Security, privacy and trust are key to closing the digital divide

CommunicAsia Show Daily

As telecoms players, regulators, and other players in the coming digital ecosystem labor to bridge the digital divide, they’ll need a game plan to ensure that the security, privacy and livelihood of the newly connected is maintained.

That was the theme that emerged in a plenary panel discussion at CommunicAsia2016 Tuesday morning. Initially billed as a talk on how to connect the next three billion people, the discussion quickly turned away from the question of “how” and focused on what will happen once that target has been achieved. 

Gerd Leonhard, futurist and CEO of The Futures Agency, who moderated the panel, started with the idea is that by the time the next three billion people are connected, the telecoms landscape will have shifted drastically to a digital ecosystem where people will be vastly outnumbered by connected machines and the cloud will be a centralized artificially intelligent “brain” processing big data analytics for better personalization. 

All of this puts a greater emphasis on security, privacy and trust, said Ulf Ewaldsson, SVP, Group CTO and Head of Group Function Technology at Ericsson

“The IoT and the cloud will create a world with new security rules,” Ewaldsson said. “With the cloud, you have more centralized data storage, which helps in terms of better security, but then it’s a question of who controls it and can you trust them? Which clouds do we trust? How is privacy safeguarded?” 

Ewaldsson added that networks will be more secure in the coming years, but that security will ultimately be everyone’s responsibility, including the end users themselves. 

Asked whether a global framework was needed to ensure security and privacy needs were met, Ewaldsson said this wasn’t realistic. “There will be standards from agencies like the UN, for example, but a global framework where you have, say, China and the US implementing the same internet privacy ethics is not likely.”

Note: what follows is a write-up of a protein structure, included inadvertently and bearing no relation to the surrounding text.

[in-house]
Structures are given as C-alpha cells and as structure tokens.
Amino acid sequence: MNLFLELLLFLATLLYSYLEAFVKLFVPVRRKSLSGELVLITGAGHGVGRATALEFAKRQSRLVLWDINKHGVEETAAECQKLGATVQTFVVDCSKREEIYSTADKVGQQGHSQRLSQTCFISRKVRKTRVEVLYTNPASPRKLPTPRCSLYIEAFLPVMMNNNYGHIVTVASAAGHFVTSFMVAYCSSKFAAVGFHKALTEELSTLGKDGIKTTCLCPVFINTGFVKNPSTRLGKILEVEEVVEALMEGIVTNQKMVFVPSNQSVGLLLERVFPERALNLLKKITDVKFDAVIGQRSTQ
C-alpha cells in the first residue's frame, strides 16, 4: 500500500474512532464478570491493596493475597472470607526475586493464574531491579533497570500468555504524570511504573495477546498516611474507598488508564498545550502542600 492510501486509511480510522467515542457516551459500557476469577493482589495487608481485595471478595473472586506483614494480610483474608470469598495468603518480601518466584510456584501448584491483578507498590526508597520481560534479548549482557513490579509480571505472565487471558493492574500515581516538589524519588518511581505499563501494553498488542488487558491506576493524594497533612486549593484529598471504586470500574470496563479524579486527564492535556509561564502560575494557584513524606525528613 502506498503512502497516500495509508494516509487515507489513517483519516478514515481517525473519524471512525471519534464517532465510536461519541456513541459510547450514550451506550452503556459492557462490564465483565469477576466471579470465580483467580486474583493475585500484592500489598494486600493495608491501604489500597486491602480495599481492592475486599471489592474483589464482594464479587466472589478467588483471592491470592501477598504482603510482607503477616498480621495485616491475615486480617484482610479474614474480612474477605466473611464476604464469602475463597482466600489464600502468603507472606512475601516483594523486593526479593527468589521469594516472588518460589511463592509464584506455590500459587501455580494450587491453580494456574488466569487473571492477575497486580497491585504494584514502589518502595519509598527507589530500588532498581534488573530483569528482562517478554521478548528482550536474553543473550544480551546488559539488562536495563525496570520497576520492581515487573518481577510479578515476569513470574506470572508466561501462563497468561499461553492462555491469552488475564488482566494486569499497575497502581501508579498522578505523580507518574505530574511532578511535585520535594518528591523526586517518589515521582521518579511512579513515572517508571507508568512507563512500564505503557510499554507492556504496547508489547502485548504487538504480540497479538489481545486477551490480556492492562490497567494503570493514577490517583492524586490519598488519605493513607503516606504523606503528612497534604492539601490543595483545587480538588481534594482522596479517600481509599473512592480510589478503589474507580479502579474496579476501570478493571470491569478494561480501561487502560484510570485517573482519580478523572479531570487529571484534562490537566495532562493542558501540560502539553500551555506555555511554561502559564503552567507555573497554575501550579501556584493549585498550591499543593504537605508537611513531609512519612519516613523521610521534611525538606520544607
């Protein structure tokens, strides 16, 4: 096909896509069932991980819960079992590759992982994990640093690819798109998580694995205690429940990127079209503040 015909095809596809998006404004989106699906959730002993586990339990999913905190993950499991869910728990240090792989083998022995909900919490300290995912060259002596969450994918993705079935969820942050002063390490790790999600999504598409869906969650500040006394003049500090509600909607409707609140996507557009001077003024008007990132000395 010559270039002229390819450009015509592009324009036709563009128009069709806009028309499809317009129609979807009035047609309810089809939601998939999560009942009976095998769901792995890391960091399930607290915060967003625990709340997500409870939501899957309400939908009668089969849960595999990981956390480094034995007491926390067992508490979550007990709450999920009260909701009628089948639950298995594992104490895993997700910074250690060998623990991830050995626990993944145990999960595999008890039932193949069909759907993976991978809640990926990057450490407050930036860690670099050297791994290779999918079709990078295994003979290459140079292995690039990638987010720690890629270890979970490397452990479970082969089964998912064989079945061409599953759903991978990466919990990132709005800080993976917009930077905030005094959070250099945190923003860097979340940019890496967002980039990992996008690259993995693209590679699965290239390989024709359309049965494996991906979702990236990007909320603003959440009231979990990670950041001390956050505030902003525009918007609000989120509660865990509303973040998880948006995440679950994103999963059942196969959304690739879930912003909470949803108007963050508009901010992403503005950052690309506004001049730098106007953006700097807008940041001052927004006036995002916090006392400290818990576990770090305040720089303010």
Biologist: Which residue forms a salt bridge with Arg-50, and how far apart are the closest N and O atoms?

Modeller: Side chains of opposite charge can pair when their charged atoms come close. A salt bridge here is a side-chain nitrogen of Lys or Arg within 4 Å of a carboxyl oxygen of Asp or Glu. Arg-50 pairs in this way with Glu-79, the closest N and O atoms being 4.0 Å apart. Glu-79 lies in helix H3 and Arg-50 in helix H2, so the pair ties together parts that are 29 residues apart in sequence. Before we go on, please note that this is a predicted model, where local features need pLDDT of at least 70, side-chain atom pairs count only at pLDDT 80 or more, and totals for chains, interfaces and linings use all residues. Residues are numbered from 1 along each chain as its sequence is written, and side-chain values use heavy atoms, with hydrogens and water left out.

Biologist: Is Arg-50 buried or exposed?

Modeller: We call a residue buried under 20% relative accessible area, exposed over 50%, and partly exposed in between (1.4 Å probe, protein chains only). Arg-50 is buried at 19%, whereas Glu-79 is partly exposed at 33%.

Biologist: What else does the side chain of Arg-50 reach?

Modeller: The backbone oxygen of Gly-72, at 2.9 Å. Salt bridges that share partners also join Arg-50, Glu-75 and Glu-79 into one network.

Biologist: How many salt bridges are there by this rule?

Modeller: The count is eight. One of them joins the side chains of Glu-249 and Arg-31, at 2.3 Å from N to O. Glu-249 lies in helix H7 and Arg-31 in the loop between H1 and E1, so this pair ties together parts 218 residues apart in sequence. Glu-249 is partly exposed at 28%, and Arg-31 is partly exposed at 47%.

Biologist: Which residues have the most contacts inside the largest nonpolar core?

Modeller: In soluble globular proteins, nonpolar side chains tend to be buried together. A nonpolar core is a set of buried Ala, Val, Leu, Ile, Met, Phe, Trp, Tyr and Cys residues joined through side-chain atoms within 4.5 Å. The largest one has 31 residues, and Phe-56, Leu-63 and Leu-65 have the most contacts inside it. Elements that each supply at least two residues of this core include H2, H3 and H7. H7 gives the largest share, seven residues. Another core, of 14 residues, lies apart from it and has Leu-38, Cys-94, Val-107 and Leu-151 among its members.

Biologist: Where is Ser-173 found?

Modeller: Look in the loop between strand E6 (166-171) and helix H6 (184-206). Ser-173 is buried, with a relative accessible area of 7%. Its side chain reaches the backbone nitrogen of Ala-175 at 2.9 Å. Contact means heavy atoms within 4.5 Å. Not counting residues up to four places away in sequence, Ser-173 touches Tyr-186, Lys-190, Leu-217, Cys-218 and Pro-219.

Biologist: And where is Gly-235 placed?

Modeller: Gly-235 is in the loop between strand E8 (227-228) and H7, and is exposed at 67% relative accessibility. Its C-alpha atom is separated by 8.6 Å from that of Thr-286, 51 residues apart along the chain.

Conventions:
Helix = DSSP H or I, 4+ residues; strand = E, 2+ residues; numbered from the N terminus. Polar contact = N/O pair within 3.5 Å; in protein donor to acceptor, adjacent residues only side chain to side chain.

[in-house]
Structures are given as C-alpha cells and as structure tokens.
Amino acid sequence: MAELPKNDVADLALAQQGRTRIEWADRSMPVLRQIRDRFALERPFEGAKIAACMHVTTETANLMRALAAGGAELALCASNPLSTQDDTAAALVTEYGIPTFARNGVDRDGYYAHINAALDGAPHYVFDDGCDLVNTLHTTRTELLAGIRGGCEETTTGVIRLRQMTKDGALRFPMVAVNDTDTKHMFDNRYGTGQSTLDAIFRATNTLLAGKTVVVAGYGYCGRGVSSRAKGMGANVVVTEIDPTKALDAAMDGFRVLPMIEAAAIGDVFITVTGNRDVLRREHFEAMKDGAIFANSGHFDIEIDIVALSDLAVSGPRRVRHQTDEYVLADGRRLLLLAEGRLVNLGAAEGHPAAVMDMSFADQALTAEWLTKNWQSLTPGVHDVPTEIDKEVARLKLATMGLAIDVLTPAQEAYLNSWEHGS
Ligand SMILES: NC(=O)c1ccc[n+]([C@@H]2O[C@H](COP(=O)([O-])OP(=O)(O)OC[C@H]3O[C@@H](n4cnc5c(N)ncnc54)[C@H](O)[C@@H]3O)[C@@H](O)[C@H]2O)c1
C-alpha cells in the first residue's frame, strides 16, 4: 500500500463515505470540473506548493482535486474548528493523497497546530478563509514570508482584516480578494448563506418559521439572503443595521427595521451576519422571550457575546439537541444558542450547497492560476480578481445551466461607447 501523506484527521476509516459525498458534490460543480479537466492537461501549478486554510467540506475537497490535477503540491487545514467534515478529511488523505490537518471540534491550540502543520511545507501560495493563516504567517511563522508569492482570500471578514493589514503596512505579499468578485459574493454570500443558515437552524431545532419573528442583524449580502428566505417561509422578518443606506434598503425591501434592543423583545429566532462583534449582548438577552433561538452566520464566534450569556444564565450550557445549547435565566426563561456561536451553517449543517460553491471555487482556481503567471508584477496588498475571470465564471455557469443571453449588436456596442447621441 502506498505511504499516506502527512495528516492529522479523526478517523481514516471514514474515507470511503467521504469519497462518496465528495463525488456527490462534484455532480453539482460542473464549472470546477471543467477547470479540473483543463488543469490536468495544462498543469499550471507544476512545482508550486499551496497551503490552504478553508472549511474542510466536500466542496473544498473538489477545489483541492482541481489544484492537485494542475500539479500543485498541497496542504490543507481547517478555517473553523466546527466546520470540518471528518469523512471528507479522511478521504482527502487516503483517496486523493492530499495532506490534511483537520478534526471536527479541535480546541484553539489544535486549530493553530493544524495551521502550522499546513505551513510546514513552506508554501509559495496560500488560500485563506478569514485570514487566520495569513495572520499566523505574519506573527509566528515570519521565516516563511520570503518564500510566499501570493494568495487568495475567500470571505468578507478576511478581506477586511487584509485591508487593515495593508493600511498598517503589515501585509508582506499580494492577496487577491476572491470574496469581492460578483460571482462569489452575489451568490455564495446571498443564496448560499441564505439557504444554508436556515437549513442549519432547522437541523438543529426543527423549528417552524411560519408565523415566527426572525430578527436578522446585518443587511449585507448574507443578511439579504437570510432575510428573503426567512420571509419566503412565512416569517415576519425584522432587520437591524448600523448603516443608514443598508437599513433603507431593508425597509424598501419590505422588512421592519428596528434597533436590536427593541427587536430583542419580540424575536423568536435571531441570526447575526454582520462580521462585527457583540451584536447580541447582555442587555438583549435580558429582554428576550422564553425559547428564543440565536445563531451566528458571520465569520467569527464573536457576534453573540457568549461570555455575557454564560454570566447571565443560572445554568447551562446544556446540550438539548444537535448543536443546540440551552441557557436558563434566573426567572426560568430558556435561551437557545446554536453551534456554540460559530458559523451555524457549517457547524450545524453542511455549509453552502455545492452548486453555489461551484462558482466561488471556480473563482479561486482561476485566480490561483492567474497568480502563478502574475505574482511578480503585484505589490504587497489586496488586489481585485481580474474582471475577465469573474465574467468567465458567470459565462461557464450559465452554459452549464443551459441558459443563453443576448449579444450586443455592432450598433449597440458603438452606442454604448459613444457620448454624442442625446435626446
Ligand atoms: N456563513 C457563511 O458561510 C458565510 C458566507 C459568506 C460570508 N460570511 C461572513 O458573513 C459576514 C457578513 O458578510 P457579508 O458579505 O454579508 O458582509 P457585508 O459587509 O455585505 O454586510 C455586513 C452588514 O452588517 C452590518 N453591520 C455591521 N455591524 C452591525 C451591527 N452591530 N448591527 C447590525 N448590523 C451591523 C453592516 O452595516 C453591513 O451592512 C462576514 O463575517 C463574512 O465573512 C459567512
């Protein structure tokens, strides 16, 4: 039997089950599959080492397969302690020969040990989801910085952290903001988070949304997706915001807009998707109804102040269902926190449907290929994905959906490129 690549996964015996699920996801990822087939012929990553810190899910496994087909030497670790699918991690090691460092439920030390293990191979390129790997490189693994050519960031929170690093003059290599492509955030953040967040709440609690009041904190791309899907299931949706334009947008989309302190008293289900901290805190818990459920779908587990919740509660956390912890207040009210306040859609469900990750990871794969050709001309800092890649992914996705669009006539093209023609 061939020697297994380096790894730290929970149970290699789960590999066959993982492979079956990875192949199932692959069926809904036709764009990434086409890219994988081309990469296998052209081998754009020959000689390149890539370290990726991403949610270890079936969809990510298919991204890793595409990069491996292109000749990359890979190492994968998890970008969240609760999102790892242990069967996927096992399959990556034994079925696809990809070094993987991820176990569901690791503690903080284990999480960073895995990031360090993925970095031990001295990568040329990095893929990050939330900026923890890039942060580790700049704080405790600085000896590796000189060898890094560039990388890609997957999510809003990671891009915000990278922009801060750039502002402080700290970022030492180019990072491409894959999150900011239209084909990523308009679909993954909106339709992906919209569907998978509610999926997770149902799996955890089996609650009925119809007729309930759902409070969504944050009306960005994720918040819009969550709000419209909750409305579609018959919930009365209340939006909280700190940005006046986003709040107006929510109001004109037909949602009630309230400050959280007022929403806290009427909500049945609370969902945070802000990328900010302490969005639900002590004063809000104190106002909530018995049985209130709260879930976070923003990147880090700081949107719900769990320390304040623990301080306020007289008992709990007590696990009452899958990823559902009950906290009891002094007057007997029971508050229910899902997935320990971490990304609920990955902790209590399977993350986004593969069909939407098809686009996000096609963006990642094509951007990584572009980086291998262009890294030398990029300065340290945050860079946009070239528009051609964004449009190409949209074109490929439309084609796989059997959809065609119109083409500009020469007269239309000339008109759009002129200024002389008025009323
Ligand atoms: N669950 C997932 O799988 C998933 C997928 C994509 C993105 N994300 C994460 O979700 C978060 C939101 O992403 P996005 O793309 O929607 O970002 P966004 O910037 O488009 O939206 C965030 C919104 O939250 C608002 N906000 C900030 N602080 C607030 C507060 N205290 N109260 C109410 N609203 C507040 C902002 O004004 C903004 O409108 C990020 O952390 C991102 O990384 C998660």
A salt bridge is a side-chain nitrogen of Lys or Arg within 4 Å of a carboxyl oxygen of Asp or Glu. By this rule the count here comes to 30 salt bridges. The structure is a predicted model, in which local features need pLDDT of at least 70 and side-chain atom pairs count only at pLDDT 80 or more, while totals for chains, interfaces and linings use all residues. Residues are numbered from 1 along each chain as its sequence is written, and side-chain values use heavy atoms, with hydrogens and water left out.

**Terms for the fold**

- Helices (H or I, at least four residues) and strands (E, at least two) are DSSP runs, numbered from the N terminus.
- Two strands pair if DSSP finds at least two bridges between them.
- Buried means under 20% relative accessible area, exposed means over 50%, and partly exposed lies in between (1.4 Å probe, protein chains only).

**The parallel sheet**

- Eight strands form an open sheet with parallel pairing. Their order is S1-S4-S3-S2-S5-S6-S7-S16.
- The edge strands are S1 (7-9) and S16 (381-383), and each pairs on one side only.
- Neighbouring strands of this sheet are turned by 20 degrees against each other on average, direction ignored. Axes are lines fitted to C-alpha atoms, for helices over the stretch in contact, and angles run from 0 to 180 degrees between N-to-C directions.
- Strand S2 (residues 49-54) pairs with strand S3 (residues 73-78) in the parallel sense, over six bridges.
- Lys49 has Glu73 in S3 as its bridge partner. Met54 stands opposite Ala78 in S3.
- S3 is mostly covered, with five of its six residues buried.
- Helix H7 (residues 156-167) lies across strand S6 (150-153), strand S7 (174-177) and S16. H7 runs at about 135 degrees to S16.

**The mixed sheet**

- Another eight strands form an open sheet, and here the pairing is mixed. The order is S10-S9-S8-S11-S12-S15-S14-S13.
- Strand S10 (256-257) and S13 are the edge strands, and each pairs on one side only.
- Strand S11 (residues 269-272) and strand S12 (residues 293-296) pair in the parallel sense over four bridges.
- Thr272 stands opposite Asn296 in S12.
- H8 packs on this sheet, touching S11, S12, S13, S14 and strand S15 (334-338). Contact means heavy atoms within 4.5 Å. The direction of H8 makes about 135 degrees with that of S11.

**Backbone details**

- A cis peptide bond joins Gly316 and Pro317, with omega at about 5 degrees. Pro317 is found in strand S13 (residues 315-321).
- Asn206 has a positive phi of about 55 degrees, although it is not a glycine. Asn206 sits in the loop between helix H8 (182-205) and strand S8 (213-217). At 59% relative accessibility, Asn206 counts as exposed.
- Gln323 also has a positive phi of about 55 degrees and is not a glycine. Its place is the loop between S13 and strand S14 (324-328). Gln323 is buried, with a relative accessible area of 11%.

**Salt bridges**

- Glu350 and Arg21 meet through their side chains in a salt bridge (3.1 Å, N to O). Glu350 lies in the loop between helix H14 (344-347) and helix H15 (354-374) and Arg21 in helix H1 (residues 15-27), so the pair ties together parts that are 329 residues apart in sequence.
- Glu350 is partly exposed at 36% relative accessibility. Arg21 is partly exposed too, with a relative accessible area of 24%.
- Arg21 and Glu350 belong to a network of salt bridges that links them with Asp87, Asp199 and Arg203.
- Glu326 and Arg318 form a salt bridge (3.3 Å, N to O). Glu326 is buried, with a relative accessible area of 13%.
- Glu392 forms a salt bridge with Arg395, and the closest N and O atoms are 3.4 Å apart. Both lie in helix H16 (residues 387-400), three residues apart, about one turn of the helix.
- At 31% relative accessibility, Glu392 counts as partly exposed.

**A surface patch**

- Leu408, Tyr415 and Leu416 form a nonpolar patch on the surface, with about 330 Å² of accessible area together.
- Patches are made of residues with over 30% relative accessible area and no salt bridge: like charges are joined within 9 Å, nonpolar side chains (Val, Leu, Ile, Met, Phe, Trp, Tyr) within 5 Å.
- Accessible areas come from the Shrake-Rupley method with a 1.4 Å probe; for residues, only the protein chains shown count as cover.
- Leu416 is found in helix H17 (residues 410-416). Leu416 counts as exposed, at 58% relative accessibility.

Another challenge in connecting everyone, Leonhard said, is managing the impact of the efficiency gains of a digital economy and the IoT, such as jobs lost to automation. 

Caesar Sengupta, VP of product management at Google, said such concerns were understandable but overblown.

“Every technology has looked scary when it first emerged and everyone predicts the end of society,” he said. “The focus shouldn’t be on the loss of jobs but how to retrain people and provide new opportunities for them to take advantage of this.” 

Ewaldsson of Ericsson agreed. “The job question is artificial. There will be short-term concerns, but humans are very adaptable to technological revolutions, so in the long term it’s not going to be a big problem.” 

Bill Morrow, CEO of Australia’s NBN Co, commented that it’s only to be expected that some people will worry about the unintended consequences of technological progress, “We fear what we don’t know.”

But, he added, it’s impractical to try and safeguard against every possible worst-case outcome. “We’re not smart enough to map it out, so we really need to just let it happen - calibrate it as we go along, but not fear it.”

About the author

Commentary

5G and data center-friendly network architectures

Matt Walker / MTN Consulting

Webscale and transmission network operators' interests are aligning as the 5G era dawns

Matt Walker / MTN Consulting

Webscale and transmission network operators' interests are aligning as the 5G era dawns

Rémy Pascal / Analysys Mason

The launch of 5G by South Korean operators serves as a first benchmark for other operators around the world